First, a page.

Afulani PA. Rural/urban and socioeconomic differentials in quality of antenatal care in Ghana. PLoS One. 2015;10(2):e0117996. https://doi.org/10.1371/journal.pone.0117996.
Joshi C, Torvaldsen S, Hodgson R, Hayen A. Factors associated with the use and quality of antenatal care in Nepal: a population-based study using the demographic and health survey data. BMC Pregnancy Childbirth. 2014;14(1):94. https://doi.org/10.1186/1471-2393-14-94.
Manzi A, Nyirazinyoye L, Ntaganira J, Magge H, Bigirimana E, Mukanzabikeshimana L, et al. Beyond coverage: improving the quality of antenatal care delivery through integrated mentorship and quality improvement at health centers in rural Rwanda. BMC Health Serv Res. 2018;18(1):136. https://doi.org/10.1186/s12913-018-2939-7.
Sharma J, Leslie HH, Kundu F, Kruk ME. Poor quality for poor women? Inequities in the quality of antenatal and delivery care in Kenya. PLoS One. 2017;12(1):e0171236. https://doi.org/10.1371/journal.pone.0171236.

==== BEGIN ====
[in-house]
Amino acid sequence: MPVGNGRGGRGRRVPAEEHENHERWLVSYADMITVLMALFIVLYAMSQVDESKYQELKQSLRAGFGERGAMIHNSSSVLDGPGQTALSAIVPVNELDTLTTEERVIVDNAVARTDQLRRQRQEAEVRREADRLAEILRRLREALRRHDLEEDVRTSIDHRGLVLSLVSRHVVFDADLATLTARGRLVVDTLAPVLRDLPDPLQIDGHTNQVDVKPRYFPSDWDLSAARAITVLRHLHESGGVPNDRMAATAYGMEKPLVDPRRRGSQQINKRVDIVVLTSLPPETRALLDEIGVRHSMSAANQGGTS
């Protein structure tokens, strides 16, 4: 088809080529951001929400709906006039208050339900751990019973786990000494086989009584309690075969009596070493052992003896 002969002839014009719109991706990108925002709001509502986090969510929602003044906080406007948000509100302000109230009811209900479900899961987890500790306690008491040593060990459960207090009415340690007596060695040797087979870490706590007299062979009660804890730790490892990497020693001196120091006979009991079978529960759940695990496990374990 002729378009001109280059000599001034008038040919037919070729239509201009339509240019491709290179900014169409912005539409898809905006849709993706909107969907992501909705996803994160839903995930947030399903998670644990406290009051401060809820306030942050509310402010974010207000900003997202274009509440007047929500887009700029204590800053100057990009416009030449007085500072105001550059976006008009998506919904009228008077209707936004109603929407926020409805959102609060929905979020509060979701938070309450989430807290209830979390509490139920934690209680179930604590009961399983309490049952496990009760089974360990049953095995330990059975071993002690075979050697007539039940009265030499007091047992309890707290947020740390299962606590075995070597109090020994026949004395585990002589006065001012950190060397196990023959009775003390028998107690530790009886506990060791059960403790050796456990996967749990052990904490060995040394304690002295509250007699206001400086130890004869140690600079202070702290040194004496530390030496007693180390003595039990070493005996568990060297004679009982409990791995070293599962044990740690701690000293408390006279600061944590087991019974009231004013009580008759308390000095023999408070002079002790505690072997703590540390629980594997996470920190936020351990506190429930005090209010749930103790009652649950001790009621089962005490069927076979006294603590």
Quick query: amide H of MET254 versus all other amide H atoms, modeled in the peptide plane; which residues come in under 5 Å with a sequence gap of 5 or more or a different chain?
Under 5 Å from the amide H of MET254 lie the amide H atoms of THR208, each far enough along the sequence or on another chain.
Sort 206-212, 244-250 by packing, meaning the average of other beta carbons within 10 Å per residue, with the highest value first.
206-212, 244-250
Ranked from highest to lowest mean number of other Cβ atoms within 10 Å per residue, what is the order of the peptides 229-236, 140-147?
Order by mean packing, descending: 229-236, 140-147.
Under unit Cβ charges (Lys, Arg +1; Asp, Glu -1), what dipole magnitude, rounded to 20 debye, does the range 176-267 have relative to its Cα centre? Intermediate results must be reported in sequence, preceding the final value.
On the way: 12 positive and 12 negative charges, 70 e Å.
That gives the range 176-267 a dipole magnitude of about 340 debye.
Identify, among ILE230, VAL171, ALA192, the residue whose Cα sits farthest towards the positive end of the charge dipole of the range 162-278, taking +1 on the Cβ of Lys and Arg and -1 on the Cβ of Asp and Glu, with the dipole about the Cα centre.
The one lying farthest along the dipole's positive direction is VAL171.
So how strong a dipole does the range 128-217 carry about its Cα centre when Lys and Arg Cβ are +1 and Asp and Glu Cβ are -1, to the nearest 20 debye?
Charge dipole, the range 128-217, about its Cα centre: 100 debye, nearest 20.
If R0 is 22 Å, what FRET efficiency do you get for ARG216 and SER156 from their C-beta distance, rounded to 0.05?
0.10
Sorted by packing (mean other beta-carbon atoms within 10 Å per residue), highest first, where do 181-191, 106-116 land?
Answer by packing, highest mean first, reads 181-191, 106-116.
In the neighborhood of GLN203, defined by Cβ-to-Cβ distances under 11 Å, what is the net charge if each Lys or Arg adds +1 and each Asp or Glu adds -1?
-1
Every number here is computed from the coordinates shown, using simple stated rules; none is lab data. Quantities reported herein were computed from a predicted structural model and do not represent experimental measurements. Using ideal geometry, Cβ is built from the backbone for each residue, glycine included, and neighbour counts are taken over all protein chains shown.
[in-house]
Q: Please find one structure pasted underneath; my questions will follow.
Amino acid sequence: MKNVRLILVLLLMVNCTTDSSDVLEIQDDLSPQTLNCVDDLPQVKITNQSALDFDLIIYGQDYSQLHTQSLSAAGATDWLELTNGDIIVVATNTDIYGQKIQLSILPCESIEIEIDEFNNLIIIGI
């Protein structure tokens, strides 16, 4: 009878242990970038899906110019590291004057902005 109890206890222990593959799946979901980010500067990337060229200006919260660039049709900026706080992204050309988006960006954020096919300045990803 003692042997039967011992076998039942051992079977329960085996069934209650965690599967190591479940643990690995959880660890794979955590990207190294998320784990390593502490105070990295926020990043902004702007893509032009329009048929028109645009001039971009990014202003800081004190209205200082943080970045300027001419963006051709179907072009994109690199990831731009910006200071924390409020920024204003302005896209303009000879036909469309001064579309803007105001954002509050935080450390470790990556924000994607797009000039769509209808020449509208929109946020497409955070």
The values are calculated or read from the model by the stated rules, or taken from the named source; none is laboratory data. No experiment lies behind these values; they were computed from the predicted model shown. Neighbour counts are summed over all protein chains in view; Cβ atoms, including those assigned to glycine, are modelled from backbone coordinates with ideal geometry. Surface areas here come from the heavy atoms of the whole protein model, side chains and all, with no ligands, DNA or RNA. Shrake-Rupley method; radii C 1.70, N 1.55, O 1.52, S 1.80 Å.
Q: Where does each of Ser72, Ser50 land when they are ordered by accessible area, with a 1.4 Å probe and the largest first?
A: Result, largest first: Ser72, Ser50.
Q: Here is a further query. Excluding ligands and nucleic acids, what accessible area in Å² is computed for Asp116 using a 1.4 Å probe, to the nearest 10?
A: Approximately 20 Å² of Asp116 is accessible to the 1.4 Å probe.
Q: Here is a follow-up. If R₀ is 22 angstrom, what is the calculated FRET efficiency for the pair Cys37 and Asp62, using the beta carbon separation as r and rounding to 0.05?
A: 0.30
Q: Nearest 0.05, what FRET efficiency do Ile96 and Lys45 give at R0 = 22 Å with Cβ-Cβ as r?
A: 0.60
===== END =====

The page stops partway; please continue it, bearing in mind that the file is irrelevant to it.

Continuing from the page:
Rurangirwa AA, Mogren I, Ntaganira J, Govender K, Krantz G. Quality of antenatal care services in Rwanda: assessing practices of health care providers. BMC Health Serv Res. 2018;18(1):865. https://doi.org/10.1186/s12913-018-3694-5.
Sayinzoga F, Lundeen T, Gakwerere M, Manzi E, Nsaba YD, Umuziga MP, et al. Use of a facilitated group process to design and implement a group antenatal and postnatal care program in Rwanda. J Midwifery Women’s Health. 2018;63(5):593–601. https://doi.org/10.1111/jmwh.12871.
Gallo V, Egger M, McCormack V, Farmer PB, Ioannidis JP, Kirsch-Volders M, et al. Strengthening the reporting of observational studies in epidemiology–molecular epidemiology (STROBE-ME): an extension of the STROBE statement. Mutagenesis. 2012;27(1):17–29. https://doi.org/10.1093/mutage/ger039.